3.5 Jack Input to Arduino

Hi Guys,

I have managed to put together a voice modulator with an Arduino Uno and Arduino Wav Shield. I saw this done via a online tutorial for cosplay. I have an Adafruit 1063 Electret Microphone Amplifier with Adjustable Gain connected and it work perfectly. The trouble I' m having is now I would like to connect a Throat Microphone which I have bought to it. The Throat Microphone works off a standard 3.5 Jack as input but I can't figure out how to wire this into what I already have as the modulator. I foolishly thought it would simply be a case of removing the adafruit microphone and wiring the VCC, Gnd and Out to the correct three parts of the jack but no sound comes through the devise now.

Anyone able to point me in the correct direction, tell me how to do it to how to make this work or what adaptive board I might need if there is one. Thank you very much in advance.

Microphones need a preamplifier (usually with a gain of around 100). Your Adafruit microphone board has one. How about the throat mic?

In addition, if it's an electret mic (or any kind of condenser mic) it has to be powered.

Finally, since the Arduino can't read the negative-half of an AC signal (it can actually be damaged by negative voltages) the output must be biased. (The Adafruit board's output is biased.)

FYI - Laptops and soundcards have a built-in preamp and they supply 5V to power an electret mic.

Thanks very much for your reply, the Thrat Microphone I have bought is this one http://www.ixradio.com/shop/throat-microphone-with-smartphone-adapter-xvtm821s-spa-single-transponder-xvtm821s-spa.html

I don't think it has a preamplifier, as you said it does work when plugged in to my laptop so I guess I need to put a preamplifier between the Arduino and the 3.5 jack. Is that correct? if so where would you advise I get one that is compact?

If not I apologies for my lack of knowledge.

Thanks again

The other question I had is as the Adafruit preamplifier with the microphone only has two connectors to the microphone how would you be able to connect the three inputs from the 3.5 jack to the preamplifier, as there are three connectors the Tip, Ring and Shield.

if so where would you advise I get one that is compact?

Maybe you can un-solder the mic from the Adafruit board and use it?

how would you be able to connect the three inputs from the 3.5 jack to the preamplifier, as there are three connectors the Tip, Ring and Shield.

You only need two connections (for a mono computer mic). You can leave the ring unconnected, or connect the ring & sleeve together. (Most of the schematics I found show the ring & sleeve connected together.)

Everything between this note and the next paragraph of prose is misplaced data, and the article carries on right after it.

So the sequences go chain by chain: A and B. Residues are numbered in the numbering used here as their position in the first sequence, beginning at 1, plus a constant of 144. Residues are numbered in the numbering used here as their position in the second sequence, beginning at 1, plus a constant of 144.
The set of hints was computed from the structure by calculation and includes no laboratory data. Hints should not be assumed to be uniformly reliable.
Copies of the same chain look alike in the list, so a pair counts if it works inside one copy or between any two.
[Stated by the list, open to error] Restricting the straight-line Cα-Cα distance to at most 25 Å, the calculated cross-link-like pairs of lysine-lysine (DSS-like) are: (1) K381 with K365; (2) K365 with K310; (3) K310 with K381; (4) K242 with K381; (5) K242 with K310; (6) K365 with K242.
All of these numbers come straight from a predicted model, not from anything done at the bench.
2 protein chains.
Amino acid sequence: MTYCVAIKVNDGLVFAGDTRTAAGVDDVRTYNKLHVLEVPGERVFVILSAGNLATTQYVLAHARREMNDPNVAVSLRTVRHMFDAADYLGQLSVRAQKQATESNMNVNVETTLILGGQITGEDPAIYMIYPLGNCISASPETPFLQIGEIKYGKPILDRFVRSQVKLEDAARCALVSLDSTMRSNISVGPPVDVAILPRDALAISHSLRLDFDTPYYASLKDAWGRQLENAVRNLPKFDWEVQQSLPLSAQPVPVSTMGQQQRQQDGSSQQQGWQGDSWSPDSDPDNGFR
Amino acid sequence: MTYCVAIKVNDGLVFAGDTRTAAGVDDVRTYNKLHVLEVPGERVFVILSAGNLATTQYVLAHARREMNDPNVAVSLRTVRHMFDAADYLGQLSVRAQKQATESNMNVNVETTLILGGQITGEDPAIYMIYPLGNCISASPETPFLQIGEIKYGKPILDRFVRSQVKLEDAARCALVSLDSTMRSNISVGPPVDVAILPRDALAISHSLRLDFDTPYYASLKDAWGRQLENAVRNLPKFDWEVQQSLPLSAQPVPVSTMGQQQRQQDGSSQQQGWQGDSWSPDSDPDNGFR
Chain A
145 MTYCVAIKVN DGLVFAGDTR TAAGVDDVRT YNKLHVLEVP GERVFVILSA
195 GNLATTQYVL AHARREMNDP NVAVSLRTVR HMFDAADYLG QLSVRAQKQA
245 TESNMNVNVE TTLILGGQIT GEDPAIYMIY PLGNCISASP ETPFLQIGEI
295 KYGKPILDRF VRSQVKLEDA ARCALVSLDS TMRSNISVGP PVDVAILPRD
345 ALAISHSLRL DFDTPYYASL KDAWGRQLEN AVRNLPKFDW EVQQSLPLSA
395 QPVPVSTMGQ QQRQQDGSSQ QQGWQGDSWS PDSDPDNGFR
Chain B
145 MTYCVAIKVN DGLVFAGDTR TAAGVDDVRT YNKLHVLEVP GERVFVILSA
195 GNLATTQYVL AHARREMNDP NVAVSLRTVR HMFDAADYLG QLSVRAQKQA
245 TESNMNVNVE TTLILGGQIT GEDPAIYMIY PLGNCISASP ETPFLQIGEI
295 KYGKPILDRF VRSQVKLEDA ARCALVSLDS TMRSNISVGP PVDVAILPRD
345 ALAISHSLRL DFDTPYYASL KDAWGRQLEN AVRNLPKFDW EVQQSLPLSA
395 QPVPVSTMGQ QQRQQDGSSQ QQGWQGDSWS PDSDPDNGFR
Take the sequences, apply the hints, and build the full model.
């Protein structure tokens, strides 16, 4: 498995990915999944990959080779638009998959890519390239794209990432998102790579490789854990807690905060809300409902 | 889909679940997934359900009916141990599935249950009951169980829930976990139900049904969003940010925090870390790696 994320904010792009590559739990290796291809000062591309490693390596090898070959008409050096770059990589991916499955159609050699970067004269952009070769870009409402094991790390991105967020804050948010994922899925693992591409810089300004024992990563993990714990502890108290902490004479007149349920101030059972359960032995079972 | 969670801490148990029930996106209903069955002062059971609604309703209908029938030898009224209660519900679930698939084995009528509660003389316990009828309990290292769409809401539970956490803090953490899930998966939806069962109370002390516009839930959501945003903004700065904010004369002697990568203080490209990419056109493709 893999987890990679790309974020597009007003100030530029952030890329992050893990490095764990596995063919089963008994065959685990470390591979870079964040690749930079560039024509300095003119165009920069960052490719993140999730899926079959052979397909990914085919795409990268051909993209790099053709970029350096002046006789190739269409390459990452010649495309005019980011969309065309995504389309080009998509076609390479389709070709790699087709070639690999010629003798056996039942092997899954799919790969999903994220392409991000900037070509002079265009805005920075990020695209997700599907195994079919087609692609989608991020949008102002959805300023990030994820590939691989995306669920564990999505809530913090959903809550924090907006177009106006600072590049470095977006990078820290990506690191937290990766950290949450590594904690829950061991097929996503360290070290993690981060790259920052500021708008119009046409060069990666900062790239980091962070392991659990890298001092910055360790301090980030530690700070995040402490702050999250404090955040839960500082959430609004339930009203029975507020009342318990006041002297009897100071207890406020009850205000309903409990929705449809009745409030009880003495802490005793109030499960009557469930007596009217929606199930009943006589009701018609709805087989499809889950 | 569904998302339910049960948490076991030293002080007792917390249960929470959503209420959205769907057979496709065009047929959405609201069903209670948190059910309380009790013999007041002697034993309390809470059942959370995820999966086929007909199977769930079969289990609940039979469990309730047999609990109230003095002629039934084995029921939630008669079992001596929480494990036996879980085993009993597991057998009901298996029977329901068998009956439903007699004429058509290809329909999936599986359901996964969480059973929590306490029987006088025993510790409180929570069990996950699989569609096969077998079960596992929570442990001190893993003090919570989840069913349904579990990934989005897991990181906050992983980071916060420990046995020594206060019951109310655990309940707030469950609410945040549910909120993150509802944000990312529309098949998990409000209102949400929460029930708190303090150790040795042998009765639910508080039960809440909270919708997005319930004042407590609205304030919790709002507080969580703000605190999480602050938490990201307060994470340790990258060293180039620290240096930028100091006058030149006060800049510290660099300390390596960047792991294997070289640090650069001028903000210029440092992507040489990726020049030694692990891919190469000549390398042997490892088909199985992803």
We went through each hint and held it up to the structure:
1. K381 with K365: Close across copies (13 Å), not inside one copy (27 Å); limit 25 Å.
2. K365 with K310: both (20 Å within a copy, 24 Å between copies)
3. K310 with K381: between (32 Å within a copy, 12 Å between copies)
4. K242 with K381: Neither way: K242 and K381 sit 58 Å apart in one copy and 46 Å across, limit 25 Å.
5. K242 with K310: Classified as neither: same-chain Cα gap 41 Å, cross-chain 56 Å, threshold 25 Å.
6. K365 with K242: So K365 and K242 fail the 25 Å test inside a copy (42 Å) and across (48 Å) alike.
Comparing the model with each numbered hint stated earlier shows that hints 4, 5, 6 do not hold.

Great thanks - I will give that a try - I already took the Mic off the adafruit mic and tried to connect two to it but haven't tried the second part of what you said - will give that a go tonight and see how I get on - thanks again

Unfortunately that didn't work - I wired the adafruit mic to the arduino and sound went through fine - then I took off the microphone part and connected one wire of that to the ring/sleeve and the other wire to the tip. I connected the ring and sleeve together and then tried without them being connected. There isn't even any static going through the speakers - as if nothing is connected at all.

Anyone have any ideas as to what I need to do now?

Thanks in advance

Electret mics need a voltage across the two connections to work.

Your throat microphone is very likely a dynamic microphone. The voltage across the 2 connections will prevent the dynamic microphone from giving an output.

Try and measure the resistance between all of the 3.5 jack connections. If you find a resistance, then these two connections are the ends of the coil of the dynamic microphone.

If you do not find a resistance or a very high resistance in the range of Mega-Ohms, then it is an electret mic. It could be that the adafruit board then doesn't provide enough voltage for the mic.

Also the output of a dynamic microphone is generally lower than from an electret microphone.

  1. If your throat mic is a dynamic mic, you can try and cut the right track on the PCB in order to remove the mic voltage.

  2. Or get a microphone amplifier which is suitable for dynamic mics.

I'm having exactly the same problem I just posted a thread before discovering yours. Did you ever find a suitable throat microphone to replace the electret one that came with your voice modulator or a workaround with a compatible amplifier?

Don't hold your breath! The OP hasn't been seen here for over three years! :cold_sweat: